National CO2 budgets (2015-2020) inferred from atmospheric CO2 observations in support of the global stocktake


Brendan Byrne, California Institute of Technology
David F. Baker, Colorado State University
Sourish Basu, NASA Goddard Space Flight Center
Michael Bertolacci, University of Wollongong
Kevin W. Bowman, California Institute of Technology
Dustin Carroll, California Institute of Technology
Abhishek Chatterjee, California Institute of Technology
Frédéric Chevallier, Université de Versailles Saint-Quentin-en-Yvelines
Philippe Ciais, Université de Versailles Saint-Quentin-en-Yvelines
Noel Cressie, California Institute of Technology
David Crisp, California Institute of Technology
Sean Crowell, University of Oklahoma
Feng Deng, University of Toronto
Zhu Deng, Tsinghua University
Nicholas M. Deutscher, Faculty of Science, Medicine and Health
Manvendra K. Dubey, Los Alamos National Laboratory
Sha Feng, Pacific Northwest National Laboratory
Omaira E. García, State Meteorological Agency of Spain (AEMet)
David W.T. Griffith, Faculty of Science, Medicine and Health
Benedikt Herkommer, Karlsruher Institut für Technologie
Lei Hu, National Oceanic and Atmospheric Administration
Andrew R. Jacobson, National Oceanic and Atmospheric Administration
Rajesh Janardanan, National Institute for Environmental Studies of Japan
Sujong Jeong, Seoul National University
Matthew S. Johnson, NASA Ames Research Center
Dylan B.A. Jones, University of Toronto
Rigel Kivi, Finnish Meteorological Institute
Junjie Liu, California Institute of Technology
Zhiqiang Liu, Institute of Atmospheric Physics Chinese Academy of Sciences

Publication Name

Earth System Science Data


Accurate accounting of emissions and removals of CO2 is critical for the planning and verification of emission reduction targets in support of the Paris Agreement. Here, we present a pilot dataset of country-specific net carbon exchange (NCE; fossil plus terrestrial ecosystem fluxes) and terrestrial carbon stock changes aimed at informing countries' carbon budgets. These estimates are based on "top-down"NCE outputs from the v10 Orbiting Carbon Observatory (OCO-2) modeling intercomparison project (MIP), wherein an ensemble of inverse modeling groups conducted standardized experiments assimilating OCO-2 column-Averaged dry-Air mole fraction (XCO2) retrievals (ACOS v10), in situ CO2 measurements or combinations of these data. The v10 OCO-2 MIP NCE estimates are combined with "bottom-up"estimates of fossil fuel emissions and lateral carbon fluxes to estimate changes in terrestrial carbon stocks, which are impacted by anthropogenic and natural drivers. These flux and stock change estimates are reported annually (2015-2020) as both a global 1gg×g1g gridded dataset and a country-level dataset and are available for download from the Committee on Earth Observation Satellites' (CEOS) website: 10.48588/npf6-sw92 . Across the v10 OCO-2 MIP experiments, we obtain increases in the ensemble median terrestrial carbon stocks of 3.29-4.58gPgCO2yr-1 (0.90-1.25gPgCyr-1). This is a result of broad increases in terrestrial carbon stocks across the northern extratropics, while the tropics generally have stock losses but with considerable regional variability and differences between v10 OCO-2 MIP experiments. We discuss the state of the science for tracking emissions and removals using top-down methods, including current limitations and future developments towards top-down monitoring and verification systems.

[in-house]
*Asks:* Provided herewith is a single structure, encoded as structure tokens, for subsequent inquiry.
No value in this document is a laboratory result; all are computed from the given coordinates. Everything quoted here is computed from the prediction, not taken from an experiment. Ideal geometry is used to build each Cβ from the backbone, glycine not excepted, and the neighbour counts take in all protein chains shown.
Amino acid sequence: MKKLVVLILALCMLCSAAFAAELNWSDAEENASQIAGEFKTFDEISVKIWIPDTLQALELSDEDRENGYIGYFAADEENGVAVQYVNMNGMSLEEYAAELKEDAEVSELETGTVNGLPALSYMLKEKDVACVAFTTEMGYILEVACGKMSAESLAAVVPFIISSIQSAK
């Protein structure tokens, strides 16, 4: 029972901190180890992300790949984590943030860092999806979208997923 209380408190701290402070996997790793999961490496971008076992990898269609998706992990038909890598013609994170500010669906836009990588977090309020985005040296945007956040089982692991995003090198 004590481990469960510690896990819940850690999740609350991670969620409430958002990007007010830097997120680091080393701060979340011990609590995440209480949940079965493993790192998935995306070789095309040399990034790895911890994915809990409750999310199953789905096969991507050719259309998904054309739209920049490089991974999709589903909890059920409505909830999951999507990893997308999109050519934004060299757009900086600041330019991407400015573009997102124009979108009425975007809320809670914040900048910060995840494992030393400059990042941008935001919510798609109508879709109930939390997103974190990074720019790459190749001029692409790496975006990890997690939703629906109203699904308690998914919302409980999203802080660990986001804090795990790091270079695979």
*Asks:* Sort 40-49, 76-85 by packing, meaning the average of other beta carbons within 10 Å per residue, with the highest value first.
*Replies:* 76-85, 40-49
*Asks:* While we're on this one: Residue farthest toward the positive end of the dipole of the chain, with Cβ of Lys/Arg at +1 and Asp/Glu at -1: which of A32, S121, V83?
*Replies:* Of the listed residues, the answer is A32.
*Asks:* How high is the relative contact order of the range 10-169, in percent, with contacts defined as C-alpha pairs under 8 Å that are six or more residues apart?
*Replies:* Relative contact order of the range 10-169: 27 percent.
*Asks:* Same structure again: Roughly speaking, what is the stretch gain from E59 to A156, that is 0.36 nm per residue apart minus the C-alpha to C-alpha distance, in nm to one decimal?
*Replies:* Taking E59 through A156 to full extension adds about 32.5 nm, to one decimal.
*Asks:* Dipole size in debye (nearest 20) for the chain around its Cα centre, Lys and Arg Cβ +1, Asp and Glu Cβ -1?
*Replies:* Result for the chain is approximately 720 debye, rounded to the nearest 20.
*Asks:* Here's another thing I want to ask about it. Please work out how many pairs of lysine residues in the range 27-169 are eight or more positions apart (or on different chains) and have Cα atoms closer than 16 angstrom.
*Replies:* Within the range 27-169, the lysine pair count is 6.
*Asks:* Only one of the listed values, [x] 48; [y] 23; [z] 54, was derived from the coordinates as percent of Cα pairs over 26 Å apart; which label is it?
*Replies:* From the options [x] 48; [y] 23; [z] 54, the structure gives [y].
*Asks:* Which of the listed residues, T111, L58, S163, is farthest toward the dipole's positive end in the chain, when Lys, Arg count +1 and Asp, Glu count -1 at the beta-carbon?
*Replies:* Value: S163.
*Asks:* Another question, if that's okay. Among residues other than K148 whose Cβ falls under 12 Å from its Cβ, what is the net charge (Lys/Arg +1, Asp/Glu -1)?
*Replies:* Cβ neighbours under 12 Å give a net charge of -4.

Open Access Status

This publication may be available as open access





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Funding Sponsor

National Aeronautics and Space Administration



Link to publisher version (DOI)